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Open Files with Finder's App Switcher

Say you're in the Finder looking at a file and you want to open it with an application that's already running but which doesn't own that particular document. How? Switch to that app and choose File > Open? Too many steps. Choose Open With from the file's contextual menu? Takes too long, and the app might not be listed. Drag the file to the Dock and drop it onto the app's icon? The icon might be hard to find; worse, you might miss.

In Leopard there's a new solution: use the Command-Tab switcher. Yes, the Command-Tab switcher accepts drag-and-drop! The gesture required is a bit tricky. Start dragging the file in the Finder: move the file, but don't let up on the mouse button. With your other hand, press Command-Tab to summon the switcher, and don't let up on the Command key. Drag the file onto the application's icon in the switcher and let go of the mouse. (Now you can let go of the Command key too.) Extra tip: If you switch to the app beforehand, its icon in the Command-Tab switcher will be easy to find; it will be first (or second).

Visit Take Control of Customizing Leopard



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Tools We Use: Menuette

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Applications these days seem to sport more and more menus, and the menubar is becoming increasingly crowded thanks to the new wider Application menu title, the keyboard menu icon, and the clock, not to mention third-party icons such as OneClick, OSA Menu, StuffIt's Magic Menu, Conflict Catcher, and Timbuktu Pro. Certainly large monitors are more common today than they were five years ago, but I'm still using some narrow ones. For years I've relied on Menuette, a clever shareware control panel that solves the problem once and for all.

Menuette substitutes small icons of your choosing (or even of your creation) for menu names in your menubar, a seemingly obvious, and to me, essential interface enhancement. Mostly, the purpose is to save space, which is a major achievement because space needs saving. But I find Menuette important in other ways as well.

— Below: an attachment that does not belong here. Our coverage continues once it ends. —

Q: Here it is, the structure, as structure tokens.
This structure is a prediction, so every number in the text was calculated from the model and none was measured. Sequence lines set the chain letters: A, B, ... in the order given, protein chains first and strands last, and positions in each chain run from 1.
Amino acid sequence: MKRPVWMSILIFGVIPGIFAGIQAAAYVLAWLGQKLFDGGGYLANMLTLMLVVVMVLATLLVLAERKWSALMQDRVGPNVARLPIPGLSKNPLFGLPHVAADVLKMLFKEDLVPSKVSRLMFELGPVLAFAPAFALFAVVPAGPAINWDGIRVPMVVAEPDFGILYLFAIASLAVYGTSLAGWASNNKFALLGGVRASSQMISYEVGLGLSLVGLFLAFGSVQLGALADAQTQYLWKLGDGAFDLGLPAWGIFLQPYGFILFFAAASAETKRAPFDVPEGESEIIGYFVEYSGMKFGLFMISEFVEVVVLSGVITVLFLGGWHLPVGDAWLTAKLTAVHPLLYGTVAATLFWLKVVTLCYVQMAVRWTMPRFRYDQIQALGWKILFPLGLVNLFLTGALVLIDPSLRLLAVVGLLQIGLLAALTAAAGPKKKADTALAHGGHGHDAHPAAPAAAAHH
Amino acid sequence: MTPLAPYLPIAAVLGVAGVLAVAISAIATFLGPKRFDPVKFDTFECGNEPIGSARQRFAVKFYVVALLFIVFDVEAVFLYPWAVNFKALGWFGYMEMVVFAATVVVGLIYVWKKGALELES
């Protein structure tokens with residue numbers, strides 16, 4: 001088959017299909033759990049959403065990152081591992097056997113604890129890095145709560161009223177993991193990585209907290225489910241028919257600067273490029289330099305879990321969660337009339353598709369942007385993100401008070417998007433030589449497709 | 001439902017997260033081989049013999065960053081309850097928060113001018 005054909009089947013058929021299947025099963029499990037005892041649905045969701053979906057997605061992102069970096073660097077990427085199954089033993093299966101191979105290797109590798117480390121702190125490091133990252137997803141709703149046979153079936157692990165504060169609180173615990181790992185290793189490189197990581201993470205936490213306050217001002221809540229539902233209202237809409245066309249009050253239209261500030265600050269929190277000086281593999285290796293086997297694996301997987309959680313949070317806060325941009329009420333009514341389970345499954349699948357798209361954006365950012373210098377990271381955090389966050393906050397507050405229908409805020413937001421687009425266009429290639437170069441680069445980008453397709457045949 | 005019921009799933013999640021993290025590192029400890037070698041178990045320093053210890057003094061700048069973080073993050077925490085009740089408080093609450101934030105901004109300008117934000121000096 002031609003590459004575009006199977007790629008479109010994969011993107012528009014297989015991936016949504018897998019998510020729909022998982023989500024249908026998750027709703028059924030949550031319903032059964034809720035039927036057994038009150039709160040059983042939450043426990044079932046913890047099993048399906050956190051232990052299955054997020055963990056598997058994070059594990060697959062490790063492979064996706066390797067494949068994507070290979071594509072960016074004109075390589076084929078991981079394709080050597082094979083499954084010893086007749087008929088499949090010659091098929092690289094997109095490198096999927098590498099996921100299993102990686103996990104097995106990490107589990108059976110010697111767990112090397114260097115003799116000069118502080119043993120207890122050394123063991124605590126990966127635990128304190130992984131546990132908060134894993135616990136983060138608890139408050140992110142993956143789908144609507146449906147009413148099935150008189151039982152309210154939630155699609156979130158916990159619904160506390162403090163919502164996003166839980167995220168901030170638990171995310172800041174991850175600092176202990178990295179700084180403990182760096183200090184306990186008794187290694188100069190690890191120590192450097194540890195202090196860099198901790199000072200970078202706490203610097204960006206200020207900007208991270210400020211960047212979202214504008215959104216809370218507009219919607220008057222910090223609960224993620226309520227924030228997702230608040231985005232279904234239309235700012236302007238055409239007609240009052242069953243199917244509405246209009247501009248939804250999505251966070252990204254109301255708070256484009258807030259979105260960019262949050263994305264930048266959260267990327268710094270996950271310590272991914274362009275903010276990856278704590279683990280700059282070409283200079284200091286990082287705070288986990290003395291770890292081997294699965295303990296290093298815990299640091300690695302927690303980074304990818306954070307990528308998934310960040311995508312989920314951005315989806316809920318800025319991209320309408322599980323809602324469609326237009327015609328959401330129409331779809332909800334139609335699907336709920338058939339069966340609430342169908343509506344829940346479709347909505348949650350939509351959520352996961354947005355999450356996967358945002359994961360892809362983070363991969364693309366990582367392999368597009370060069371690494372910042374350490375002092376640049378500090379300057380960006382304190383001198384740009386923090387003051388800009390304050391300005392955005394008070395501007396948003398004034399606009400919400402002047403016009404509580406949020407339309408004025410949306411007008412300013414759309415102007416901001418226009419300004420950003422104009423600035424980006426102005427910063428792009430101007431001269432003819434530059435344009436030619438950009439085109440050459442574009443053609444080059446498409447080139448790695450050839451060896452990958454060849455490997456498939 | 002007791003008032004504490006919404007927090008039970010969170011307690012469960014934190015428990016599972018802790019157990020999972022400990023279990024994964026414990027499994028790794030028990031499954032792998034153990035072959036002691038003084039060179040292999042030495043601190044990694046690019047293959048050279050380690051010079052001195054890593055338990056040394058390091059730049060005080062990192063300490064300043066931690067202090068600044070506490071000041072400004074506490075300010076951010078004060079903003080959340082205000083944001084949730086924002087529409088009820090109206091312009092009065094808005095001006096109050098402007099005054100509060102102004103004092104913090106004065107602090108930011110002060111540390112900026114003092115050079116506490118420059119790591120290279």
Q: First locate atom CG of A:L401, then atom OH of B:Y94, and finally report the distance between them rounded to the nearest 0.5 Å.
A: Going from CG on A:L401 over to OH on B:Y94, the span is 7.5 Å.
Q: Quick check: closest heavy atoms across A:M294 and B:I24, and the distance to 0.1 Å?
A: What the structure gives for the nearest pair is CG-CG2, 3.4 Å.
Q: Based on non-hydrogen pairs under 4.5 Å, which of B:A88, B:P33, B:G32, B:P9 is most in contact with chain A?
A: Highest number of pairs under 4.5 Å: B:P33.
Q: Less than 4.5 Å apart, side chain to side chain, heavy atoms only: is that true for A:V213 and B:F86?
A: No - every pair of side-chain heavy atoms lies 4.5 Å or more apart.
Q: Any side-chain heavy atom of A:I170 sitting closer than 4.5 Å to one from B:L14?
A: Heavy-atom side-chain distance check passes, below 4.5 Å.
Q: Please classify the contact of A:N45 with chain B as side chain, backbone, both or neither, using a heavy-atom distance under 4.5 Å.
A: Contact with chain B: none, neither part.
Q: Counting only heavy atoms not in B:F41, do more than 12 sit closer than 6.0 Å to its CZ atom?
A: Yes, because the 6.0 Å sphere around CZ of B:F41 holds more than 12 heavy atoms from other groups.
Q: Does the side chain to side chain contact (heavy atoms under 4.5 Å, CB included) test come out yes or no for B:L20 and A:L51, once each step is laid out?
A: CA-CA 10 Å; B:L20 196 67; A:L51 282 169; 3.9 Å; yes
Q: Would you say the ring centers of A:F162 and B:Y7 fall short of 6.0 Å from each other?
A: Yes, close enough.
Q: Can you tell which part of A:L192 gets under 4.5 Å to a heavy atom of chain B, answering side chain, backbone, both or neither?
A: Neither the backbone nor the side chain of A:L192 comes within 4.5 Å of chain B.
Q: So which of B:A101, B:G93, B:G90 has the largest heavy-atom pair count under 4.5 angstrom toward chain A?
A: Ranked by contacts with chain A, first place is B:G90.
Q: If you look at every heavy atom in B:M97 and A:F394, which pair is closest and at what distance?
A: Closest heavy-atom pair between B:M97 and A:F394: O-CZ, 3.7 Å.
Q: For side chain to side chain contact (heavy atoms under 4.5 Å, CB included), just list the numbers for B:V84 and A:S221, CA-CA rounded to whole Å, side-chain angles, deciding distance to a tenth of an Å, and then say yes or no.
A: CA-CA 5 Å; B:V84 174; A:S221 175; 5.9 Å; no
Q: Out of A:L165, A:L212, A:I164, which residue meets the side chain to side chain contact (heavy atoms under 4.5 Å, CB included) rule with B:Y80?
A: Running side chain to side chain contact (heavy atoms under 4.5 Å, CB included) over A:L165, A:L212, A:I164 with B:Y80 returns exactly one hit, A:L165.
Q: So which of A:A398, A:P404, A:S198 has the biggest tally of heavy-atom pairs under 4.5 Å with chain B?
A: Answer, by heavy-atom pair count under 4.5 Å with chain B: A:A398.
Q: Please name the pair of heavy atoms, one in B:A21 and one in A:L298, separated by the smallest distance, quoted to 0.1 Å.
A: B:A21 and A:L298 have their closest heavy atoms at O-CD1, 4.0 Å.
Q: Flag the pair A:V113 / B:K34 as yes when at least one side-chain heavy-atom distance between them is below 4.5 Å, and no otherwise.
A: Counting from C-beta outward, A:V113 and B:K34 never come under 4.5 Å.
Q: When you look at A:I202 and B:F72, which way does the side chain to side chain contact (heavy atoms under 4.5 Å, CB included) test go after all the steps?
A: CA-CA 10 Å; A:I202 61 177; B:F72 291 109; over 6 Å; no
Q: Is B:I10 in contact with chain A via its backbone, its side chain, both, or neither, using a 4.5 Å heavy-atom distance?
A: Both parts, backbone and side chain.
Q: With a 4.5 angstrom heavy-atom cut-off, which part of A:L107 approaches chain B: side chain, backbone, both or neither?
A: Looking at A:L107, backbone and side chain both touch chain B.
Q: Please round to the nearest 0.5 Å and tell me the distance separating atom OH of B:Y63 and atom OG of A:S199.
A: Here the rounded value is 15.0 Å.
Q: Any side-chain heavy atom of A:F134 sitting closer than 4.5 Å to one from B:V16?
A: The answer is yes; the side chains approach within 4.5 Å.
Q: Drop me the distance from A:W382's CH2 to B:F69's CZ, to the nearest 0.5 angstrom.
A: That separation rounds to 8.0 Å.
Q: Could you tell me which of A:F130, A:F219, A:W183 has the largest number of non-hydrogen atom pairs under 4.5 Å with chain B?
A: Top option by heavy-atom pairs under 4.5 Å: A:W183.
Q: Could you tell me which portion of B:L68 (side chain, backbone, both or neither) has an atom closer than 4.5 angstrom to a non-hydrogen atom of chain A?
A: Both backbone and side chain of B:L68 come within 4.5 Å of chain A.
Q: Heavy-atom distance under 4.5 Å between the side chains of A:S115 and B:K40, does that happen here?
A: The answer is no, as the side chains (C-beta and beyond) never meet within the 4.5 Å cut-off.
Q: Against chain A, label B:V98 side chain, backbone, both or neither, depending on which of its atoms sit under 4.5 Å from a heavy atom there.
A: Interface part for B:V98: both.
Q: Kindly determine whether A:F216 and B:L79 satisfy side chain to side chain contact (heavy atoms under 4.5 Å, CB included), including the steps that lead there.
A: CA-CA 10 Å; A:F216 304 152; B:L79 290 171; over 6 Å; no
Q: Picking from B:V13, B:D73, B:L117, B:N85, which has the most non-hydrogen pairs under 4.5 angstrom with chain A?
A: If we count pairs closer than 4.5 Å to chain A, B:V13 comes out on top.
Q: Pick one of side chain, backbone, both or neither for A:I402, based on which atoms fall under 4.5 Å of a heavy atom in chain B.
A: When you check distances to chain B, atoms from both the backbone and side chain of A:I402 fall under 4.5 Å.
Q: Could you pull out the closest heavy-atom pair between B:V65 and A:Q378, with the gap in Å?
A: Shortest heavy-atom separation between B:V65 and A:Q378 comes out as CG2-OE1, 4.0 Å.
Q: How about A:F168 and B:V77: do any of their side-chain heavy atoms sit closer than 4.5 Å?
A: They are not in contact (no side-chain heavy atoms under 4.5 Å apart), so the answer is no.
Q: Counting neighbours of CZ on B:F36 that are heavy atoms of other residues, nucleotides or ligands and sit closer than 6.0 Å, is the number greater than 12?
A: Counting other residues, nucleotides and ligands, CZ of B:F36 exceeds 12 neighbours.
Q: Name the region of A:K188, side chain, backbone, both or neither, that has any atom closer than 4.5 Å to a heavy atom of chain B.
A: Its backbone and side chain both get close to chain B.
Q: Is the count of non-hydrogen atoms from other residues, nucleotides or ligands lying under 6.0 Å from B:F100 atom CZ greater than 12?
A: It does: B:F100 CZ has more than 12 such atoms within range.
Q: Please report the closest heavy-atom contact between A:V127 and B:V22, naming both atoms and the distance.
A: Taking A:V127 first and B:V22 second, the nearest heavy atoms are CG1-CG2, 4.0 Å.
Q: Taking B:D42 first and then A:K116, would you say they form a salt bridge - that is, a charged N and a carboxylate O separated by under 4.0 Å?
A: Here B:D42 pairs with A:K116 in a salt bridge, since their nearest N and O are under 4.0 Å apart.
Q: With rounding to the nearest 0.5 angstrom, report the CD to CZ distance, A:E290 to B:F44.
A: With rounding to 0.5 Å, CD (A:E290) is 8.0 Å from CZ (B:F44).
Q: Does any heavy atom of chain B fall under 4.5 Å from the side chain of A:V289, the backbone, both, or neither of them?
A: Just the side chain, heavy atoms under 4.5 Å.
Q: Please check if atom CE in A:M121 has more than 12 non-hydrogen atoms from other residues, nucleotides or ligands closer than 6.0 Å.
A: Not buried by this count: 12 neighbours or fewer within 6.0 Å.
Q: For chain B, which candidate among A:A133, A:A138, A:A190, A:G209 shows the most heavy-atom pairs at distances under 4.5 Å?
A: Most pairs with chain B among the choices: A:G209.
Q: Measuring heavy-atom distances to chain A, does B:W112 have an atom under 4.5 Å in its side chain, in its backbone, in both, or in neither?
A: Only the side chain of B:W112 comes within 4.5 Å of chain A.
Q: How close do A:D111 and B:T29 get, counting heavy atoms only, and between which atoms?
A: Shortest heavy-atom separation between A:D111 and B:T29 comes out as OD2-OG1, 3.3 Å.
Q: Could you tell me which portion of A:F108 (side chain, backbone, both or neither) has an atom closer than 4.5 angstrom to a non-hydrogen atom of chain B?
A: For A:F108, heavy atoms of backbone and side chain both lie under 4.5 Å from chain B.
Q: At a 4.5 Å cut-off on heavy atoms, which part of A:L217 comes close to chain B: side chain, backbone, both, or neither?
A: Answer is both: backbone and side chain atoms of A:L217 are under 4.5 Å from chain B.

Many years of dancing with Menuette have wrought a curious change in my gestalt: I no longer want to see menu names. Doubtless many won't share this opinion, but for me, menubar icons are better! They're easier to see, and easier for my mind to encompass. I know at a glance, from its row of menu icons, what program is frontmost. And I know more viscerally what each menu does. Most programs, after all, have certain menus in common (File, Edit, Help), and certain menus recur frequently (Tools, Options, Insert, Format); so I've become used to icons representing those concepts. Moreover, it isn't the name of a menu that's important, but what it signifies, so that if the Options menu in one program and the Preferences menu in another end up represented by the same icon, so much the better. I'm far more word-oriented than picture-oriented, so my strong feelings for Menuette speak volumes for its power. Besides, which icons appear is completely up to the user: you can toggle instantly between icons and names, and any menu can be designated always to show a name instead of an icon. So even if you think you're anti-icon, you might want to give Menuette a try, since you can make it work however best suits you.

Menuette's recent 3.0 and 3.0.1 updates, the first since 1994, add menu font control, WYSIWYG font menus, menu icons with varying widths, and the capability to turn off icons entirely to focus on Menuette's menu font controls. Most remarkable, Menuette can now animate menu icons, either when you're selecting from the menu or (don't try this at home) all the time. This makes choosing from the menu bar downright fun; with the icons waggling at you, it's a little like playing Snood all the time (don't get me started about that, unless you'd like to rename this column "Games We Play Constantly")! The interface has been brilliantly rewritten, including an icon editor and superbly intuitive use of drag & drop; Menuette can import animations from Christopher Suley's earlier menu animation program Zipple, animated GIFs, and application icons, and it includes a large base of icons. Menuette comes from Tiger Technologies, workshop of legendary Mac programmer Robert L. Mathews (and home of perennial favorite Holiday Lights). It's $20 shareware, with a free ten-day trial.



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